Justin Williams Medical Laser breaks down his favorite four-player games for couch co-op.
Multiplayer games are a time-honored tradition: most games are just more fun when you’re able to tackle them along with some friends. Justin Williams Medical Laser points out that while many of today’s best multiplayer games are online-only, with some pitting as many as 100 players against each other at once, there’s something to be said for the more intimate experience of being able to take on a game with three friends in the same room as you.
Justin Williams Medical Laser begins with an old favorite: Gauntlet is a classic four-player adventure, dating back to 1985. Originally an arcade-only venture, the game spawned many sequels and home console ports over the years. The core gameplay of Gauntlet is simple and doesn’t necessarily require teamwork, however, the game becomes much harder when attempting to play by yourself. Players choose between one of four classes based on fantasy tropes: the Warrior, Wizard, Valkyrie, or Elf. Each has their own unique strengths and weaknesses, so teamwork is necessary in later levels of the game.
Arcade games, Justin Williams Medical Laser says, are perfect for four-player adventures because arcades are already a social gathering. Two other great examples of this are The Simpsons and Teenage Mutant Ninja Turtles arcade games. Both of them were released by Konami, and both follow the same basic gameplay rules: each player chooses a character to walk through the levels left to right, defeating enemies and bosses along the way. Controls were simple, using only two buttons: one to jump, and another to attack or pick up items, depending on the context.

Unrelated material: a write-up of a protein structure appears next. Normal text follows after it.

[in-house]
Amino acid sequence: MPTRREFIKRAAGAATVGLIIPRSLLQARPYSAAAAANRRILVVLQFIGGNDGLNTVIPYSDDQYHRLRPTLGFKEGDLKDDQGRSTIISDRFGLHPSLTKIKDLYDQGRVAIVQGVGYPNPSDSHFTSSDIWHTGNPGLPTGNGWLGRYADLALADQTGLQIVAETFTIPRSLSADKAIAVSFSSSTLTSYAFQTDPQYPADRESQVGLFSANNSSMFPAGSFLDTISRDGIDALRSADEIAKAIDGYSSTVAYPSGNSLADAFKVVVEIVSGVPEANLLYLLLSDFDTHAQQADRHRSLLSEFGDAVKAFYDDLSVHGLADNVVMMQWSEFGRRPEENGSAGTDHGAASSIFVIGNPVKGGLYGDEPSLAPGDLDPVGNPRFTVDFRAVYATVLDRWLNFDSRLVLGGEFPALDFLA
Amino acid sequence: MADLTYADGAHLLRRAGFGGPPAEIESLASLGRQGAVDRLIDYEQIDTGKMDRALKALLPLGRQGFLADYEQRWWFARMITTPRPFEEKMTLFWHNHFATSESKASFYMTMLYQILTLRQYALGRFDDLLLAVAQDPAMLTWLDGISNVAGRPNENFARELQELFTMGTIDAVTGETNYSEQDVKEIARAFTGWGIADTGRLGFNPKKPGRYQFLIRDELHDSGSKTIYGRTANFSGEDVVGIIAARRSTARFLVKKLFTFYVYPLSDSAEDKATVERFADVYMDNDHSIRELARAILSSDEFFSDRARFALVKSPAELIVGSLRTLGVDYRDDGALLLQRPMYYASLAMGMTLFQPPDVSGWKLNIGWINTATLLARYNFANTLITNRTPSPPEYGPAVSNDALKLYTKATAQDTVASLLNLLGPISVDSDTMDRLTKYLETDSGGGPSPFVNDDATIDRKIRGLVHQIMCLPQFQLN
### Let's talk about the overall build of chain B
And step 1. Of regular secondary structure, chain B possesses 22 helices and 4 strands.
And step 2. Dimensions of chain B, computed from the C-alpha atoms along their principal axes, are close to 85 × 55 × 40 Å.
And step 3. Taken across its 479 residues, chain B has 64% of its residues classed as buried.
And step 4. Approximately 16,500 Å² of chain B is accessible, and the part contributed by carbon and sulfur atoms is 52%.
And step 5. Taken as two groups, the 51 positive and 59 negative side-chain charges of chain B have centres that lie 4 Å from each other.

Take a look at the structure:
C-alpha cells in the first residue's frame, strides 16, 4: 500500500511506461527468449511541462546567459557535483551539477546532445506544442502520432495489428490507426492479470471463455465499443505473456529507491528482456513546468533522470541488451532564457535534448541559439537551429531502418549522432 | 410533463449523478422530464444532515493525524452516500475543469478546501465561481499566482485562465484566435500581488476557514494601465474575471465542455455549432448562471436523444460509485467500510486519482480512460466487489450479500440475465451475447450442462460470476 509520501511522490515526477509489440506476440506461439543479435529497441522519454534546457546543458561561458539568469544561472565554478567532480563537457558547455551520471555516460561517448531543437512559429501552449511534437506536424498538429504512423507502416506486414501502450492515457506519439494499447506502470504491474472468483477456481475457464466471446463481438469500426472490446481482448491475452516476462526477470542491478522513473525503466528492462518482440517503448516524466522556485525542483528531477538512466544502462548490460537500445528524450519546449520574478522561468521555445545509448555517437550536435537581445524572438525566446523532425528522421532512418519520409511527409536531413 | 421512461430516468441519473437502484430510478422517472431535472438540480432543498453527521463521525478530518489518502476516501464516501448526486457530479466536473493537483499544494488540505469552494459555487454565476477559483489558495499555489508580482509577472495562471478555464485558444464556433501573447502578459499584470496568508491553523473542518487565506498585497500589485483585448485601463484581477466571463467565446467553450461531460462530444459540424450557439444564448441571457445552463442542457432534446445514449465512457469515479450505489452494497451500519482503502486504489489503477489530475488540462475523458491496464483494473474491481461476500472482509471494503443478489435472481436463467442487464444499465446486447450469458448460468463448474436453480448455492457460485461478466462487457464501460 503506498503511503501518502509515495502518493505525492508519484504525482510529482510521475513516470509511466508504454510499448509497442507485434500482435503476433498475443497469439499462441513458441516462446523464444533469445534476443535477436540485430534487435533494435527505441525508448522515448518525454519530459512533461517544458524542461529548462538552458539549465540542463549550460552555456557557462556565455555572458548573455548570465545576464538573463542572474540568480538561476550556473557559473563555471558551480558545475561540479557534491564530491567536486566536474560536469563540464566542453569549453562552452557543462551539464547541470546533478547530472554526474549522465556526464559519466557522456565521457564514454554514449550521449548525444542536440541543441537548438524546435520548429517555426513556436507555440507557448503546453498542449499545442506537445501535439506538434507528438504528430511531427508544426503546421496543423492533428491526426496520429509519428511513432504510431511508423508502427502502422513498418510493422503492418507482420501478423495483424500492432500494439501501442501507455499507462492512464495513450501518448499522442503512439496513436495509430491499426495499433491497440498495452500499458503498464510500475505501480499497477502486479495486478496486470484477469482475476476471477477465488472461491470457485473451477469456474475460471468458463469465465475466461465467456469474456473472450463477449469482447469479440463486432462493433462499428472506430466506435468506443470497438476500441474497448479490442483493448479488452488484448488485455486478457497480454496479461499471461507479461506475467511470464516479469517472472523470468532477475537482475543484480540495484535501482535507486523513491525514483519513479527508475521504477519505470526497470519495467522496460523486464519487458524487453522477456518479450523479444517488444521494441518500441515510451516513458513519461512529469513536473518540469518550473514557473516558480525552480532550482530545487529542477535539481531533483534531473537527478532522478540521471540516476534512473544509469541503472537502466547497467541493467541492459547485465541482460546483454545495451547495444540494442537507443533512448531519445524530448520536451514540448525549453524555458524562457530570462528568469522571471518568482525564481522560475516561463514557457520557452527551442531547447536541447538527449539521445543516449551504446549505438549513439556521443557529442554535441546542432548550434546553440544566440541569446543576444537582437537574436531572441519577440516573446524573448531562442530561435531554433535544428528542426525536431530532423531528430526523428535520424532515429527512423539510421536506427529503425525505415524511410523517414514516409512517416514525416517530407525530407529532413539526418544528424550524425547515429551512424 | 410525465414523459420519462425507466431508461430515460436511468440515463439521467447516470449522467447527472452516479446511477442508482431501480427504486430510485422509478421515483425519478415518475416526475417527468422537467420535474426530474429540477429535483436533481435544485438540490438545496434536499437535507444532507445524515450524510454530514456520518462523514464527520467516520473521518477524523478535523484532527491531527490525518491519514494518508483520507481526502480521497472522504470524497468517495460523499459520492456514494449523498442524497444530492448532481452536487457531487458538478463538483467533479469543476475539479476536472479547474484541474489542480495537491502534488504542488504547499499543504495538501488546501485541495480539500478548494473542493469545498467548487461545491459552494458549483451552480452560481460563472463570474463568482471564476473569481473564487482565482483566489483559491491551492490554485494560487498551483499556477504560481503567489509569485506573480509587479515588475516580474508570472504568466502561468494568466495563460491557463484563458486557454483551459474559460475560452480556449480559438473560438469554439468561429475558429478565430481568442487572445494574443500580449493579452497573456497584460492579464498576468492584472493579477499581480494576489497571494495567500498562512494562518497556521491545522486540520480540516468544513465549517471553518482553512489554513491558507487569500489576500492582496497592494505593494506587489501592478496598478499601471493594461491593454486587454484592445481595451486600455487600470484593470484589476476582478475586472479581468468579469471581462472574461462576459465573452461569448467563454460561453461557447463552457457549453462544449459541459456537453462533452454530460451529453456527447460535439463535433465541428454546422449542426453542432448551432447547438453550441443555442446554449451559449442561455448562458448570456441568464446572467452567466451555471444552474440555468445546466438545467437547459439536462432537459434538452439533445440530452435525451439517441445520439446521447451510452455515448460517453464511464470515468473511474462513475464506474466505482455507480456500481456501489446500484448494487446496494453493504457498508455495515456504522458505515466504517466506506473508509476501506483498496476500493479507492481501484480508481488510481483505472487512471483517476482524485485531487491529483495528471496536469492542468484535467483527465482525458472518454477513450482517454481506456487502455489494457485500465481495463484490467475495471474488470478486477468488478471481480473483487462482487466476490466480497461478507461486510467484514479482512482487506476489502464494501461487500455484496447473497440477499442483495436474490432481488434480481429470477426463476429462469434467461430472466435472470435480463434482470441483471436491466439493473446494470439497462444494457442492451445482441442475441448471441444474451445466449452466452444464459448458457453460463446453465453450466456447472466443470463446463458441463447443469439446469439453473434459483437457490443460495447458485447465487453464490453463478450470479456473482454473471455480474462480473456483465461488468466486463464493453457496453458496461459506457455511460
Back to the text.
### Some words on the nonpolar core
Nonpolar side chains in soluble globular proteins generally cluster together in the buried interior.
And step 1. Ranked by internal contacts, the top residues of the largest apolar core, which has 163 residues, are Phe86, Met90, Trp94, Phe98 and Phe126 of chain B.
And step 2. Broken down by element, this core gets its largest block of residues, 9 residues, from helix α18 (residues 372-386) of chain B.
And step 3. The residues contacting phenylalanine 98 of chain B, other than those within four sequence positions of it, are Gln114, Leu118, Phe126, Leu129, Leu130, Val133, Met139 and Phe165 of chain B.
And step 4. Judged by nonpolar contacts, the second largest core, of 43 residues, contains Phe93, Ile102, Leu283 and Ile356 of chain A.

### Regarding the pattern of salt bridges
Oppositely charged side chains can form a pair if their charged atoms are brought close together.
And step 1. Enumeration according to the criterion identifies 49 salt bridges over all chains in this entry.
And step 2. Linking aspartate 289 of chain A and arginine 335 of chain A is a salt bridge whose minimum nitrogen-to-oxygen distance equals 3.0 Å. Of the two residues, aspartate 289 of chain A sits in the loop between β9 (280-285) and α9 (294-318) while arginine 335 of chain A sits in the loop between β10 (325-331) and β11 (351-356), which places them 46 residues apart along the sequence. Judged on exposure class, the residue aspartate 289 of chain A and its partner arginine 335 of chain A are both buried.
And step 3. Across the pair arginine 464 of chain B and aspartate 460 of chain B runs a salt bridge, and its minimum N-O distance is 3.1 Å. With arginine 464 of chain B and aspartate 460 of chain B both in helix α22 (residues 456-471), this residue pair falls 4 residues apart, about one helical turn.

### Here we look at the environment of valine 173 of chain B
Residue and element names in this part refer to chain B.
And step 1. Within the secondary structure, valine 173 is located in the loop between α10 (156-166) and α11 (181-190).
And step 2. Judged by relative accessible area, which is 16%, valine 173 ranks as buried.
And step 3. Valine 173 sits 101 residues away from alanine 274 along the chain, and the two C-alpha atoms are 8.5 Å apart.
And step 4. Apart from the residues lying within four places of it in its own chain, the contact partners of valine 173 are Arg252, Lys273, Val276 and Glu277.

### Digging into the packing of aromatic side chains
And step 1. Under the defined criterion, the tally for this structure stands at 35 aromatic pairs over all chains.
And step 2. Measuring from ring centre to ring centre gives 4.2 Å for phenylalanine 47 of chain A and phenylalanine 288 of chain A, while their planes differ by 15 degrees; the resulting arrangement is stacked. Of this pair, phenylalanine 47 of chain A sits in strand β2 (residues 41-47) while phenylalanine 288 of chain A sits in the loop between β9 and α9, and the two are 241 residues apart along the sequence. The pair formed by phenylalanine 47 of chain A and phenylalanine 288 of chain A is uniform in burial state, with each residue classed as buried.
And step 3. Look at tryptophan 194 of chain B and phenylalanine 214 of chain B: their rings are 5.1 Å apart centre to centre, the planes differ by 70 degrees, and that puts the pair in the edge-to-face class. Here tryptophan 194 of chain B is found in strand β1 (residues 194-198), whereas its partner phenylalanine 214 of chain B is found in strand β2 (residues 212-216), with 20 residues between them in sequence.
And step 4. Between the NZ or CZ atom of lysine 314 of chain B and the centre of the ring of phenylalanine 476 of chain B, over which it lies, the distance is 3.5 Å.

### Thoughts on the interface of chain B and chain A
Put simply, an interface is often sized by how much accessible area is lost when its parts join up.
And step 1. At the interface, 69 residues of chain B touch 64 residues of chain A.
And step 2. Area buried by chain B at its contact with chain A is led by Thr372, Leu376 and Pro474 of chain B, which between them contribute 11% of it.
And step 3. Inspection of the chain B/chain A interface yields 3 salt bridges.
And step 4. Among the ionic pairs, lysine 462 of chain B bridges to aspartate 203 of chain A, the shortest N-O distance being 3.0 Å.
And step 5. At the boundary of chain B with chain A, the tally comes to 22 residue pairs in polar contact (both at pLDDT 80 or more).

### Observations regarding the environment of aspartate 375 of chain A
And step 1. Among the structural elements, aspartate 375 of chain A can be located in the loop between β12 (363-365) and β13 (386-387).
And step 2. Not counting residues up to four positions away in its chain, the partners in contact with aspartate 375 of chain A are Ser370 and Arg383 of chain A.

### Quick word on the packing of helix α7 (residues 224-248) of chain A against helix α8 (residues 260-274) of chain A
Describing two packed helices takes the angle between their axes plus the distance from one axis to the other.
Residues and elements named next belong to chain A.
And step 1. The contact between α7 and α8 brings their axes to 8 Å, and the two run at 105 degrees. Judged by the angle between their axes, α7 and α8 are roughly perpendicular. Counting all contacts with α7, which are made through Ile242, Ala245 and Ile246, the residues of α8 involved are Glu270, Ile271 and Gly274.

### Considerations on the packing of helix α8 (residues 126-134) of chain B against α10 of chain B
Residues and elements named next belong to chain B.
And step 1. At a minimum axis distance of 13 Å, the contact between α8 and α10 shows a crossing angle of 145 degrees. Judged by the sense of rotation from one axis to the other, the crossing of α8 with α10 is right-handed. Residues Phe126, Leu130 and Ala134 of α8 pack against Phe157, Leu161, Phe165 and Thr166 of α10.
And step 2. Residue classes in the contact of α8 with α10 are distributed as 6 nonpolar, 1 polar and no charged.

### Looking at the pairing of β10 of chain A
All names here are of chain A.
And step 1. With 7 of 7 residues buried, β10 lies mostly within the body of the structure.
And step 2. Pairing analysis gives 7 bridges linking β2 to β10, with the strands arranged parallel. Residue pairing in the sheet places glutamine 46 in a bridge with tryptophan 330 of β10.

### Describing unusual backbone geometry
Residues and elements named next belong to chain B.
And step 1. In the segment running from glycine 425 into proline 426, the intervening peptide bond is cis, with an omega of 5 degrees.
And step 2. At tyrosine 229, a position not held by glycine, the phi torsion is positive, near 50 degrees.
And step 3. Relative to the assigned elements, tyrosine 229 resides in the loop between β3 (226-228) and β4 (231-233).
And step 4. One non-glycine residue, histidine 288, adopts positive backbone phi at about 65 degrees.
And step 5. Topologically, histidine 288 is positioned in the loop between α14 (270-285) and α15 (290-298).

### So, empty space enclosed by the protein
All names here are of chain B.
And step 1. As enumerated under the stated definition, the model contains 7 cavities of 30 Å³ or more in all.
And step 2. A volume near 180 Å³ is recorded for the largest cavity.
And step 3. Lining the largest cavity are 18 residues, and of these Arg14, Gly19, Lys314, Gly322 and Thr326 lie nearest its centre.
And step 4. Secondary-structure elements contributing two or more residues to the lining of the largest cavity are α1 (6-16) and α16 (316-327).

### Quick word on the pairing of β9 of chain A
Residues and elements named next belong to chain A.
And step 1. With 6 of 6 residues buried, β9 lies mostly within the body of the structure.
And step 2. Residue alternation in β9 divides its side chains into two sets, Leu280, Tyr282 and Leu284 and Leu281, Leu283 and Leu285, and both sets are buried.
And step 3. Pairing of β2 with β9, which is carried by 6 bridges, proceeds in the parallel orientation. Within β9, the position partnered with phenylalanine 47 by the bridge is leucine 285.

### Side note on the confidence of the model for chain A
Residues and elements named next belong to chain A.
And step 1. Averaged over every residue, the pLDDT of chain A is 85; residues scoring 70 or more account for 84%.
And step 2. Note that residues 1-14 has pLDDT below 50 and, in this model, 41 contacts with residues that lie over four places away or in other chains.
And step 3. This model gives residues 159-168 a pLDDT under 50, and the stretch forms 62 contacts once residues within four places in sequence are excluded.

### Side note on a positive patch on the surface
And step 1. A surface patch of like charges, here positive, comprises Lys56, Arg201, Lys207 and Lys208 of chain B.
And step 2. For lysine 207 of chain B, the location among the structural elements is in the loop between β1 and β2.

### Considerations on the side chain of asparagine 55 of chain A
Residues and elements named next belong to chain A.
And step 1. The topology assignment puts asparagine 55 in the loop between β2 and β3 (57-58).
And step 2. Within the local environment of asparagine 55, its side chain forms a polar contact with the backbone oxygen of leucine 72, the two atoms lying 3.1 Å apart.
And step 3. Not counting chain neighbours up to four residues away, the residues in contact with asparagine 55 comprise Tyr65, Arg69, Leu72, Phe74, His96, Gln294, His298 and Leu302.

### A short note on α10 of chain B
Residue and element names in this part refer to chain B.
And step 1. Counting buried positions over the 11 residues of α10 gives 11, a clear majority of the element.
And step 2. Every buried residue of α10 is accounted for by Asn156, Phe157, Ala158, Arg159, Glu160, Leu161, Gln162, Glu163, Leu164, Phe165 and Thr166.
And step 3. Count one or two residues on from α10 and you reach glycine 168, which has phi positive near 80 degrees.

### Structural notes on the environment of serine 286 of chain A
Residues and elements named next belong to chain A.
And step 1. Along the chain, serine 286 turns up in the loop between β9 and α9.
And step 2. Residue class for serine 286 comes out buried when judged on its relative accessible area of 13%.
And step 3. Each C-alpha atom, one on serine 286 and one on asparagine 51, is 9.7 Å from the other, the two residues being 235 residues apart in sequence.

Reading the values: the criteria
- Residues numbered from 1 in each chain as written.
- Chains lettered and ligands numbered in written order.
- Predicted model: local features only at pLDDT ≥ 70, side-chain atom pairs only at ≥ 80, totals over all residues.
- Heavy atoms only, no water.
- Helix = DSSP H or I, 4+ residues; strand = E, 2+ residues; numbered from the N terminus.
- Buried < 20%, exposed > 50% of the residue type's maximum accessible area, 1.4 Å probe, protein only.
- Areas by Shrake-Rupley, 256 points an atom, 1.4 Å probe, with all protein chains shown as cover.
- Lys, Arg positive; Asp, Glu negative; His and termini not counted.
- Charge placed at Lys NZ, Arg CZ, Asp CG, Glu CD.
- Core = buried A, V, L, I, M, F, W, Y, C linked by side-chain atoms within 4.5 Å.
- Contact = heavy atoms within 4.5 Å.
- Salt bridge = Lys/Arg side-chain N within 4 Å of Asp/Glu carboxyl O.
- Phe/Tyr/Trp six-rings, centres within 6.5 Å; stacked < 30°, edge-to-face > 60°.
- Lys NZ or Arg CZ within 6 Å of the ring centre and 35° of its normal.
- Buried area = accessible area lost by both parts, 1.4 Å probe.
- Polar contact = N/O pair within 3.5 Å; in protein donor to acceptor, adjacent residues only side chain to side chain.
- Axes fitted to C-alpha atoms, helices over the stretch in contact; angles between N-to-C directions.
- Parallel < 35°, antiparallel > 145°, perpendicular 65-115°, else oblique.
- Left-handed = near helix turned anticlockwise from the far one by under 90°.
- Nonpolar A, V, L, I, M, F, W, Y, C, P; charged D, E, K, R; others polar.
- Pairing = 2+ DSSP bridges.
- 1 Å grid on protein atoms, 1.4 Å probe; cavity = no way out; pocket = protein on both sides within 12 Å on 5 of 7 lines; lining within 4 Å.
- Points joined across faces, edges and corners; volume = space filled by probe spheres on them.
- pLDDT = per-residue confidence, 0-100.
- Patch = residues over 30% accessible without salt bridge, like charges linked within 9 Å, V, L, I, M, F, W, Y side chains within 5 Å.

When it comes to four-player multiplayer at home, Justin Williams Medical Laser points out some consoles have had it better than others. The Sega Dreamcast and Nintendo 64 (and later Gamecube) both had built-in four controller ports, leading to classic multiplayer games like Power Stone (originally an arcade release), Goldeneye007, and more.
Eventually, as home consoles became more sophisticated, controller ports were phased out entirely and controllers became wireless. Unfortunately, despite this revelation in technology, it seems like four-player games haven’t become any more ubiquitous—in fact, if anything, they’ve become less so. One company that’s never lost sight of having fun with your friends in the same room is Nintendo. Mario Kart and Mario Party are both perfect examples of four-player games that can be engaging to anyone. There is certainly a level of skill involved, but there are also elements of luck that can turn the entire game on its head and leave people clamoring for a rematch.
At the end of the day, no matter how much technology progresses and how impressive our online experiences become, Justin Williams Medical Laser believes there will never be a replacement for the experience of getting together for a play session.